What he meant: ‘I inherited a mess. George W. Bush handed me a broken economy and open-ended commitments in Iraq and Afghanistan. Things were worse than you even know. Yes, the solutions were hard to swallow, but they were born of a belief that we needed to get back to acting in a way that made our country great in the first place.’
* What he said: “Republicans in Congress have found a champion. They have found a nominee for president who has promised to rubber-stamp this agenda if he gets a chance.”
What he meant: ‘Romney may never have spent a day in elected office in Washington, but he would walk in lockstep with congressional Republicans like Paul Ryan if he got elected president. The Republican establishment wanted Romney to win the primary because they knew he shared their views on reshaping/shrinking government in order to protect their monied interests.’
Biden signals openness to gay marriage: Vice President Joe Biden seemed to suggest he favors gay marriage on Sunday, even as the administration he is apart of continues to stop shy of embracing it.
During an appearance on NBC’s “Meet the Press,” Biden didn’t explicitly endorse same-sex marriage, but seemed to go farther than he has before in leaning toward it.
“The president sets the policy,” he said. “I am absolutely comfortable with the fact that men marrying men, women marrying women and heterosexual – men and women marrying – are entitled to the same exact rights, all the civil rights, all the civil liberties.”
The White House quickly clarified that the words did not represent a shift in policy.
As we have argued before, it’s unlikely that the president will make news on this front before the election, so we don’t see Biden’s words as indicative of anything other than Biden being Biden.
Mourdock leads by 10 in new poll: With just 24 hours until primary day in Indiana, it looks like Sen. Richard Lugar’s (R-Ind.) career could be coming to an end.
A new bipartisan poll conducted for Howey Politics in Indiana shows state Treasurer Richard Mourdock at 48 percent and Lugar at 38 percent — the culmination of a steady shift in late polling toward Mourdock.
The poll, by Democratic pollster Fred Yang and Republican pollster Christine Matthews, pegs Lugar’s favorable and unfavorable ratings at 43 percent apiece. Meanwhile, Mourdock’s split is 47 percent favorable and 25 percent unfavorable — much better territory.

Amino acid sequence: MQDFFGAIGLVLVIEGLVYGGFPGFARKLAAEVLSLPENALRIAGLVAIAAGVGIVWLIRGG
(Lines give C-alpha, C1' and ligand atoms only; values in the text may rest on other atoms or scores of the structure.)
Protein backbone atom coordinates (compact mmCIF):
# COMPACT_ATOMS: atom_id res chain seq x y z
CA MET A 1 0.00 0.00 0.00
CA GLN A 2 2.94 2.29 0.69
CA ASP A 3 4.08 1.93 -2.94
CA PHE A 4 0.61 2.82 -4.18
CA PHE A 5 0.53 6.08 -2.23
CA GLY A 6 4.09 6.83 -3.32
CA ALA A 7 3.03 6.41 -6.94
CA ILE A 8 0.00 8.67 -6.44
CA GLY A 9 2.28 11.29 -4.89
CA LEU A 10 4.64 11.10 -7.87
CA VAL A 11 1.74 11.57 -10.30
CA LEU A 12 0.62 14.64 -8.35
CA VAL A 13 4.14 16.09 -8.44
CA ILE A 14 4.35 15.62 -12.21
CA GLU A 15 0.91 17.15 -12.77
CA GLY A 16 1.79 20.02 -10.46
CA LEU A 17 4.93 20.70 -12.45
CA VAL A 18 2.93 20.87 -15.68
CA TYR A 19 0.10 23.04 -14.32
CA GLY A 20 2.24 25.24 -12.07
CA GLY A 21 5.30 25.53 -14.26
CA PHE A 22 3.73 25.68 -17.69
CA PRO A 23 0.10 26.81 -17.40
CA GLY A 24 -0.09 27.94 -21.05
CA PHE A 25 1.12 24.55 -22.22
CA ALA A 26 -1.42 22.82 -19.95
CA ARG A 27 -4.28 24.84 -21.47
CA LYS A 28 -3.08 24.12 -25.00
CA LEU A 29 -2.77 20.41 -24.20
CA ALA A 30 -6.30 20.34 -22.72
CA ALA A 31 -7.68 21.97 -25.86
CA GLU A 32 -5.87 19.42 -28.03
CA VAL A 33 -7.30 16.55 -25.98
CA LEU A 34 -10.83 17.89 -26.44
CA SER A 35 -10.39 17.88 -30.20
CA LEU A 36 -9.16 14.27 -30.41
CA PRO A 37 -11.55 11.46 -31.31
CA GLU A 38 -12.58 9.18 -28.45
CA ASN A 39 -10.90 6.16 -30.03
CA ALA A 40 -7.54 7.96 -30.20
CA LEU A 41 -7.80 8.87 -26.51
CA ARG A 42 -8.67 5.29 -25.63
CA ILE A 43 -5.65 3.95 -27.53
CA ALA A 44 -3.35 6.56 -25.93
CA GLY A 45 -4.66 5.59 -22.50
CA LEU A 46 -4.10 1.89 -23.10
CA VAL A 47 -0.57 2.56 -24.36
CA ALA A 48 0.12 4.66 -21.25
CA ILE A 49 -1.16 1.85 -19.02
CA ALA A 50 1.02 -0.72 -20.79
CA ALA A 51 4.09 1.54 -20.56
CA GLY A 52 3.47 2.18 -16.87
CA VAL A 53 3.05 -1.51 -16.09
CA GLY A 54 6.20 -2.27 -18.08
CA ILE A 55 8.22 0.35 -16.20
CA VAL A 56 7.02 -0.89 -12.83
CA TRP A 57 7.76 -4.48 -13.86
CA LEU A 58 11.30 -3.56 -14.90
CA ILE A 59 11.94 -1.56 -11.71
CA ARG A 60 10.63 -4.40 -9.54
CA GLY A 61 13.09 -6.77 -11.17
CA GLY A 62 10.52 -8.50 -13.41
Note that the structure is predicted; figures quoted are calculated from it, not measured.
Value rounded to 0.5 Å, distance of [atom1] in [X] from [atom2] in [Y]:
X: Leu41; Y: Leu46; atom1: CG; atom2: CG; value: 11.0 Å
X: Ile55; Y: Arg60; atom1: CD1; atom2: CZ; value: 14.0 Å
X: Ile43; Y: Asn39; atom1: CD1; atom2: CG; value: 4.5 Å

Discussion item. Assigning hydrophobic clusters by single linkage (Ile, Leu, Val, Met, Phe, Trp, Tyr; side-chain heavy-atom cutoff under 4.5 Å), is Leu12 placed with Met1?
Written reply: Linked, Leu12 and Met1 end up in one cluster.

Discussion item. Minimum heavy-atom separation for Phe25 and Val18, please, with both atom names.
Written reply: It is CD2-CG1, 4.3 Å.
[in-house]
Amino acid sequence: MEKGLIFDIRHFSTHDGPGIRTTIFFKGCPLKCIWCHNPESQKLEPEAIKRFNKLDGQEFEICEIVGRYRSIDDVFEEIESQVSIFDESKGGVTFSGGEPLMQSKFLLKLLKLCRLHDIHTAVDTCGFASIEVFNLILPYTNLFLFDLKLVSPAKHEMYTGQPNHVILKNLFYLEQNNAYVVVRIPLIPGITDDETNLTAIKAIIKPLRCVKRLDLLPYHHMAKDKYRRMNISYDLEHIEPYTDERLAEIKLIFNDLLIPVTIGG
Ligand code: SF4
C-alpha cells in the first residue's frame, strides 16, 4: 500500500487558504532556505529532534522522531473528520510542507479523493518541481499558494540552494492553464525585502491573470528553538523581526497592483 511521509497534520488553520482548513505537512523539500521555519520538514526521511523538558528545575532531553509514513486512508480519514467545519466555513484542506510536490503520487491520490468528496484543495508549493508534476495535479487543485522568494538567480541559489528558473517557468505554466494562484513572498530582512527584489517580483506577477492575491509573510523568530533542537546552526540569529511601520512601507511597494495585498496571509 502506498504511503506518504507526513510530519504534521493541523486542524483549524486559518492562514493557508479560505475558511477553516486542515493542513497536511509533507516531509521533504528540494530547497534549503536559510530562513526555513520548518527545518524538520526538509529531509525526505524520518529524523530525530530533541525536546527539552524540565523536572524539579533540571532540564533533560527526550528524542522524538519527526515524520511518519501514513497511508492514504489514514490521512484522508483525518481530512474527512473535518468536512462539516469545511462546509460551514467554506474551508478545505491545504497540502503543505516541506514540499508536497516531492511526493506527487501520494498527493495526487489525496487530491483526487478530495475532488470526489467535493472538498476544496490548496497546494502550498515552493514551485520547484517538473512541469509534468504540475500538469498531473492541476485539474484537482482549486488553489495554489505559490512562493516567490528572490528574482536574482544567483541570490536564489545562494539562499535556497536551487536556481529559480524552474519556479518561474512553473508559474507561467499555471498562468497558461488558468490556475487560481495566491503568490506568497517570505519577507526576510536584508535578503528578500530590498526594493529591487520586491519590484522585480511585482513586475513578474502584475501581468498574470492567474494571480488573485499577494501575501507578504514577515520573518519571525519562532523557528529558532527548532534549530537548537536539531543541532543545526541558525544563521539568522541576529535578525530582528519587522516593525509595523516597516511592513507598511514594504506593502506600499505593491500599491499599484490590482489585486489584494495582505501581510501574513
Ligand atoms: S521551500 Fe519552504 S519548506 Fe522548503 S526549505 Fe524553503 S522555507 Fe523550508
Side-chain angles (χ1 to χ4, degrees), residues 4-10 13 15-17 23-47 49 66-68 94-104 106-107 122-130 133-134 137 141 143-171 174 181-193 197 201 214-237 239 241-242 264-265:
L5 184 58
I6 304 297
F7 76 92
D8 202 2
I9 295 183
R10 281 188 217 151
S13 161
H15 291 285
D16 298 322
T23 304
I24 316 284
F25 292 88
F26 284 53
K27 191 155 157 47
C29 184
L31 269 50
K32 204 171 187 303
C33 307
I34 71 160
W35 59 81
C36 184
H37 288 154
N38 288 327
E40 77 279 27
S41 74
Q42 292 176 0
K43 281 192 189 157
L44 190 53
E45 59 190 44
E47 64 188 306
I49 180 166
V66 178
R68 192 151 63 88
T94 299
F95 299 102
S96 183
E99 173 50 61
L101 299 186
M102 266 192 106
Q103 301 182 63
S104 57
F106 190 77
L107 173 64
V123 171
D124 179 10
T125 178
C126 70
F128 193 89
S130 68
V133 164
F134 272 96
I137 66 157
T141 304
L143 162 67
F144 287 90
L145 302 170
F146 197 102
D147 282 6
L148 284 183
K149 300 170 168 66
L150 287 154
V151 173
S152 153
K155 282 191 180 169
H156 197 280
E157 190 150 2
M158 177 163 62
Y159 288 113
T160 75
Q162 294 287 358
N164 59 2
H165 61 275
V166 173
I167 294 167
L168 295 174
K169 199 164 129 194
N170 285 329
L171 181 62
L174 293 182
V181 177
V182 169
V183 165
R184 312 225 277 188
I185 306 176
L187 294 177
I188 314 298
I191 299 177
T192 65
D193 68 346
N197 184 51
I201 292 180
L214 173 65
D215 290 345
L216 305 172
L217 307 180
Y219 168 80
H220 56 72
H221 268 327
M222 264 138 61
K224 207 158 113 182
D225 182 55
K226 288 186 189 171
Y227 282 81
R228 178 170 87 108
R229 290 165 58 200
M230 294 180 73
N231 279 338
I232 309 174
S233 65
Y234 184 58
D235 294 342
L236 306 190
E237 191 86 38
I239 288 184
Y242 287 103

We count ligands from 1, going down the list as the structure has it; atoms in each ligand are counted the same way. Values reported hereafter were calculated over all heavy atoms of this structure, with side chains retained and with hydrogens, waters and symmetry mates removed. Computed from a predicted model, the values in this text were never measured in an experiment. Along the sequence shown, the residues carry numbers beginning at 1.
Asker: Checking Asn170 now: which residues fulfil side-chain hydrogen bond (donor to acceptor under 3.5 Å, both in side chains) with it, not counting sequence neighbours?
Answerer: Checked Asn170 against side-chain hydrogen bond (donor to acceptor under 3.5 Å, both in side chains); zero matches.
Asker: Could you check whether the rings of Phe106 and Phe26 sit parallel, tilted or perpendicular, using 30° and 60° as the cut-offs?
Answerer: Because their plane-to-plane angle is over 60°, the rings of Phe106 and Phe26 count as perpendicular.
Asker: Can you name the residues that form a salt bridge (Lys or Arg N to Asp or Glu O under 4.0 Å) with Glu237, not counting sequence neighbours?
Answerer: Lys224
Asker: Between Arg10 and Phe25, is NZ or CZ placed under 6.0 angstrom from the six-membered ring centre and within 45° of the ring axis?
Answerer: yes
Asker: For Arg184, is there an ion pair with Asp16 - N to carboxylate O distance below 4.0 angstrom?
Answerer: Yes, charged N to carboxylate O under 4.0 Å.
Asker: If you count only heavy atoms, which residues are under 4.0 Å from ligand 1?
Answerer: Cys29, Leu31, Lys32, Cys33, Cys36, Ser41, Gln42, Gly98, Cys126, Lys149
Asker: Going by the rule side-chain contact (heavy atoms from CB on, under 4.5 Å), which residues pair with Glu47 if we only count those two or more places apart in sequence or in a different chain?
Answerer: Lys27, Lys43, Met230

Just 30 percent said they would definitely support Lugar.
It’s becoming clear that Lugar is the underdog this week, and he could soon be the first — and probably only, now that Orrin Hatch looks safe — senator to lose a primary this year.
David Axelrod is promising an extensive ad campaign launching this week. And it begins this morning with this minute-long ad focusing on the tough hand the president was dealt. It is the campaign’s first ad that wasn’t in response to something specific.
A new Politico/George Washington University poll shows Romney at 48 percent and Obama at 47 percent.
Former New Mexico governor and former GOP presidential candidate Gary Johnson won the Libertarian Party’s nomination this weekend.
Sen. John McCain (R-Ariz.) says he picked Sarah Palin as his vice presidential nominee primarily because she was well-qualified.
Newt Gingrich offers another tepid endorsement of Romney.
New Hampshire Sen. Kelly Ayotte (R) says she’s got better qualifications for the presidential ticket than Obama did four years ago.
The union group Workers’ Voice is launching a half-million-dollar targeted online ad buy against Romney focused on Pennsylvania, Ohio, Michigan, Wisconsin, Florida and Nevada, according to an aide familiar with its plans. The ads can be seen here.
Sen. Jon Tester (D-Mont.) is up with a new ad highlighting his record on ethics.
“Elizabeth Warren: Can a liberal champion win over the center in Massachusetts?” — Karen Tumulty, Washington Post
“Independent Senate Run in Maine Puts Parties in a Pinch” — Jonathan Weisman, New York Times